The euro has essentially broken down as a viable economic and political undertaking. The latest rush of events reeks of impending denouement. The debt markets are pricing in for a global deflationary bust. Europe will have to restore shattered trust in the worst possible circumstances.
Switzerland is threatening capital controls to repel bank flight from Euroland. The Swiss two-year note has fallen to -0.32pc, not that it seems to make any difference.
Denmark’s central bank said it was battening down the hatches for a “splintering” of EMU. It has cut interest rates twice in a matter or days and pledged to do whatever it takes to stop euros flooding into the country. Contingency plans are on the lips of officials in every capital in Europe, and beyond.
On a single day, the European Commission said monetary union was in danger of “disintegration” and the European Central Bank said it was “unsustainable” as constructed. Their plaintive cries may have fallen on deaf ears in Berlin, but they were heard all too clearly by investors across the world.
Joschka Fischer, Germany’s former vice-Chancellor, said EU leaders have two weeks left to save the project.
“Europe continues to try to quench the fire with gasoline – German-enforced austerity. In a mere three years, the eurozone’s financial crisis has become an existential crisis for Europe.”
Mr Fischer has the matter backwards. The euro itself is the chief cause of the existential crisis he discerns. Yet he is right that three precious years have been squandered, and that Europe‘s policy mix has been atrociously misguided.
The pace of fiscal tightening has been too extreme, made much worse by the ECB’s monetary tightening last year. This inflicted a double-barrelled shock on Southern Europe. The whole region was forced back into slump before it had reached “escape velocity”.
The window of opportunity offered by US recovery is slamming shut again. America’s dire jobs data for May – and the downward revision for April – confirm the fears of cycle specialists that the US economy has slipped below stall speed. America risks tanking back into recession as the “fiscal cliff” approaches late this year, unless the Fed comes to the rescue again soon.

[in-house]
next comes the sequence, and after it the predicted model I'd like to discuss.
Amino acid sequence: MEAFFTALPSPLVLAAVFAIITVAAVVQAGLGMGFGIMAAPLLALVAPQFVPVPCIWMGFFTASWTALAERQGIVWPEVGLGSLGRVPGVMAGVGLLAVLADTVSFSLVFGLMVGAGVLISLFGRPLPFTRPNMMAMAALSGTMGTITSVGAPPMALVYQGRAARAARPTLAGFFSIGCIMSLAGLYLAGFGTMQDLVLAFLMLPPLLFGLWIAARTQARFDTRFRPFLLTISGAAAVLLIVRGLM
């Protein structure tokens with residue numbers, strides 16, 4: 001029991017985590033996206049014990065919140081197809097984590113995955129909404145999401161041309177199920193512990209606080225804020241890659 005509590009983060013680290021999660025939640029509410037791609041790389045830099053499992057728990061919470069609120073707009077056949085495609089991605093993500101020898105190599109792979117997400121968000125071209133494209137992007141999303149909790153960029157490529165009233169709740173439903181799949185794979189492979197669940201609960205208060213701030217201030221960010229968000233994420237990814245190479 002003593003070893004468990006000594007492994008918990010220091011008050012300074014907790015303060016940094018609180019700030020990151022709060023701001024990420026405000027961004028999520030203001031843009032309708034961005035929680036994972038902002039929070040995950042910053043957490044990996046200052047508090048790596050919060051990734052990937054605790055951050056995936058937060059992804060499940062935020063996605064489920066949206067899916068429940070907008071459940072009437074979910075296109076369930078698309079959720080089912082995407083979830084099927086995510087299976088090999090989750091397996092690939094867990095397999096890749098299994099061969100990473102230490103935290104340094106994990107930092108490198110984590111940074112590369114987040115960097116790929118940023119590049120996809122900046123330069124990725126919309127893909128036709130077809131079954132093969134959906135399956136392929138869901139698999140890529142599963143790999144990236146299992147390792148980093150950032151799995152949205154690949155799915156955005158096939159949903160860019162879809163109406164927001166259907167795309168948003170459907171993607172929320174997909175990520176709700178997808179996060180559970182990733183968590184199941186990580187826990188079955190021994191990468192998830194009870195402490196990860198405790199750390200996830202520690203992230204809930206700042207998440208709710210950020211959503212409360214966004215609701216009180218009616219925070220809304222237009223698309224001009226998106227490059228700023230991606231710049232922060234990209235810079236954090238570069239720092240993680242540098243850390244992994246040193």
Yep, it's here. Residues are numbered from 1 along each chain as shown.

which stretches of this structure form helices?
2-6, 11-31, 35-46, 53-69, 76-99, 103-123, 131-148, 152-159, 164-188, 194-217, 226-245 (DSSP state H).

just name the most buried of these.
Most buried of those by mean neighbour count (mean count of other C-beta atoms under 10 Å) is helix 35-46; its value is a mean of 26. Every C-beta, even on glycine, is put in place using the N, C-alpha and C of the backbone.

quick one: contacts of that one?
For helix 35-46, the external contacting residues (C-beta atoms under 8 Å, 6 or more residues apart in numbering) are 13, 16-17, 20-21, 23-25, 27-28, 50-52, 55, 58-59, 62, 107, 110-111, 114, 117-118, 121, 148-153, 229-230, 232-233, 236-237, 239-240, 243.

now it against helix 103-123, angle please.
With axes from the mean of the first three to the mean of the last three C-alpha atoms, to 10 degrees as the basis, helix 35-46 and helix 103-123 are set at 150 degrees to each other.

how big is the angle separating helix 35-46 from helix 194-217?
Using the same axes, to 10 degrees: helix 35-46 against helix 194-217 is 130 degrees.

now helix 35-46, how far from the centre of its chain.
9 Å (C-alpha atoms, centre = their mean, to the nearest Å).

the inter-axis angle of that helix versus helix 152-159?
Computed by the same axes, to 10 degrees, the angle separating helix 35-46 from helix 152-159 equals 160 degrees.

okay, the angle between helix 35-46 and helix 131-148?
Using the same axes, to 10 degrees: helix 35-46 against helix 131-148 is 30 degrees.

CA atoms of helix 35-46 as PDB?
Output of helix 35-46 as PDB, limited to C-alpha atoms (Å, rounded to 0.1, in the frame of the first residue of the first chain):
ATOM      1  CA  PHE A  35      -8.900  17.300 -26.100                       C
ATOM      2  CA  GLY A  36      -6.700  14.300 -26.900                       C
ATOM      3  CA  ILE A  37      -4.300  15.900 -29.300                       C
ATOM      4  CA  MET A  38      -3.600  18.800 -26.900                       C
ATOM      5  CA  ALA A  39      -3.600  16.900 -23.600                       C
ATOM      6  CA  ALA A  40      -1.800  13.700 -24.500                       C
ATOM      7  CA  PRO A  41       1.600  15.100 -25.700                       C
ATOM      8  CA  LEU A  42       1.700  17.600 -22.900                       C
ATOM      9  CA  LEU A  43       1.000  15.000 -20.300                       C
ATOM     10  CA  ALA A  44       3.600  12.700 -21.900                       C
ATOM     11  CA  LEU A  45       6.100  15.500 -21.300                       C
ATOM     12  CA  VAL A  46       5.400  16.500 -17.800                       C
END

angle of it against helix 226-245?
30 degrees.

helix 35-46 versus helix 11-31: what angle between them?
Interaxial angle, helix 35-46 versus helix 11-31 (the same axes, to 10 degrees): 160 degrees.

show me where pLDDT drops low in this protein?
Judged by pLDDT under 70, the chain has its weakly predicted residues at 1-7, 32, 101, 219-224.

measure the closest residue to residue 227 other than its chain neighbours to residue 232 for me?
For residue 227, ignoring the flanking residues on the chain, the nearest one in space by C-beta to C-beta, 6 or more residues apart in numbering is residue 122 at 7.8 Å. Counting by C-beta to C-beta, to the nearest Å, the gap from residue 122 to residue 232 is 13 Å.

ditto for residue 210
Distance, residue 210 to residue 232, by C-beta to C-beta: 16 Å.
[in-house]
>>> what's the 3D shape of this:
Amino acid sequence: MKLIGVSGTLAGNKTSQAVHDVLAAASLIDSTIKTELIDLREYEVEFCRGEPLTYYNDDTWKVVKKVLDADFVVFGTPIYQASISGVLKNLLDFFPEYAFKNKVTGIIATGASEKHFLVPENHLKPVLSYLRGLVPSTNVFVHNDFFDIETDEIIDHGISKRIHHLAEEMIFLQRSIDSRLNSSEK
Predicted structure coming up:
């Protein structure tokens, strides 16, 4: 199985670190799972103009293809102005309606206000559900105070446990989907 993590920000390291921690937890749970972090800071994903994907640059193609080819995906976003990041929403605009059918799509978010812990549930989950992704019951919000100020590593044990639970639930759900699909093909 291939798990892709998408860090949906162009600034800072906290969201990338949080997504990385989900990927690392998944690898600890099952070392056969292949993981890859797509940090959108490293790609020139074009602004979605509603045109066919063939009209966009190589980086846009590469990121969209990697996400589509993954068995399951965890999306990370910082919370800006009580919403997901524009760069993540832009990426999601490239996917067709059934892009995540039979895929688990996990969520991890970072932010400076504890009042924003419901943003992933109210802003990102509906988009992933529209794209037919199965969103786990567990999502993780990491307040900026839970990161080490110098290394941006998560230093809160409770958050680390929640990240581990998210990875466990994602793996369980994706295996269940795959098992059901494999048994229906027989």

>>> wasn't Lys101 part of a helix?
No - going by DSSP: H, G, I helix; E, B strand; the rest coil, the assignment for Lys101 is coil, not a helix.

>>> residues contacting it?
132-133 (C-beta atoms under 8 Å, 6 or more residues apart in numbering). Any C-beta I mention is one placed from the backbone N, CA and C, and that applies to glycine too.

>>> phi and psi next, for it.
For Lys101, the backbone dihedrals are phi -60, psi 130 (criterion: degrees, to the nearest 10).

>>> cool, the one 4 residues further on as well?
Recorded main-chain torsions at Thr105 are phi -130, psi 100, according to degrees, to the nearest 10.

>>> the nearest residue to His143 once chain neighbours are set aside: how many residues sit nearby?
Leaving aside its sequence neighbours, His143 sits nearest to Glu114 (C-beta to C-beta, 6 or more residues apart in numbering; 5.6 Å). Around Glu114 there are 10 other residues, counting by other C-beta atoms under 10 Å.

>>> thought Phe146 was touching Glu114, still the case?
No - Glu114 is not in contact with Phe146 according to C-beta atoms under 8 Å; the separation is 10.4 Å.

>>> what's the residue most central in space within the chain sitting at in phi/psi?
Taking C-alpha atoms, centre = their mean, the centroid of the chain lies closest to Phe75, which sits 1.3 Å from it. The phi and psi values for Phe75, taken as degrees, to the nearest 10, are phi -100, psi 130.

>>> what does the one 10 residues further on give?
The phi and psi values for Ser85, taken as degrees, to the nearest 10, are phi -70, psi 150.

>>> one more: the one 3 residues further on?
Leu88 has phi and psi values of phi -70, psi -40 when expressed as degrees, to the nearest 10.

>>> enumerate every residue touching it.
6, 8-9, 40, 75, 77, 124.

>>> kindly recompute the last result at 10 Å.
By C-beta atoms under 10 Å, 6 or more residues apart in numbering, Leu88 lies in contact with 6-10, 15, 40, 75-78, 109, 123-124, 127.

Brazil wilted in the first quarter. India grew at the slowest pace in nine years. China’s HSBC manufacturing index fell further into contraction in May, with new orders dropping sharply and inventories rising.
We face the grim possibility that all key engines of the global system will sputter together, this time with interest rates already near zero in the West and average public debt in the OECD club already at a record 106pc of GDP.
“The world’s largest emerging economies are no longer in a position to carry the global economy through tough times, as they did during the ‘recovery’ years of 2009-2011,” said China expert Andy Xie.
The warnings from the bond markets could hardly be clearer. German 10-year Bund yields closed at 1.17pc. The two-year notes turned negative. British Gilts closed at 1.53pc, the lowest in 300 years. US Treasuries fell to 1.45pc, lower than at any time during the Great Depression.
The debt markets are pricing in for a global deflationary bust. Europe will have to restore shattered trust in the worst possible circumstances.
If deposit flight from Spain was €66bn in March before the Greek election tore away the pretence that Europe had solved anything, one dreads to think what it will be in April and May when the data come out.
Alberto Gallo from RBS says Spain will need an EU rescue package of €370bn to €450bn to bail out its crippled property lenders and limp through to 2014, pushing public debt to 110pc of GDP.
This would be the biggest loan package in history by a huge margin. Whether the EU bail-out fund could raise the money on the global markets at viable cost is an open question.
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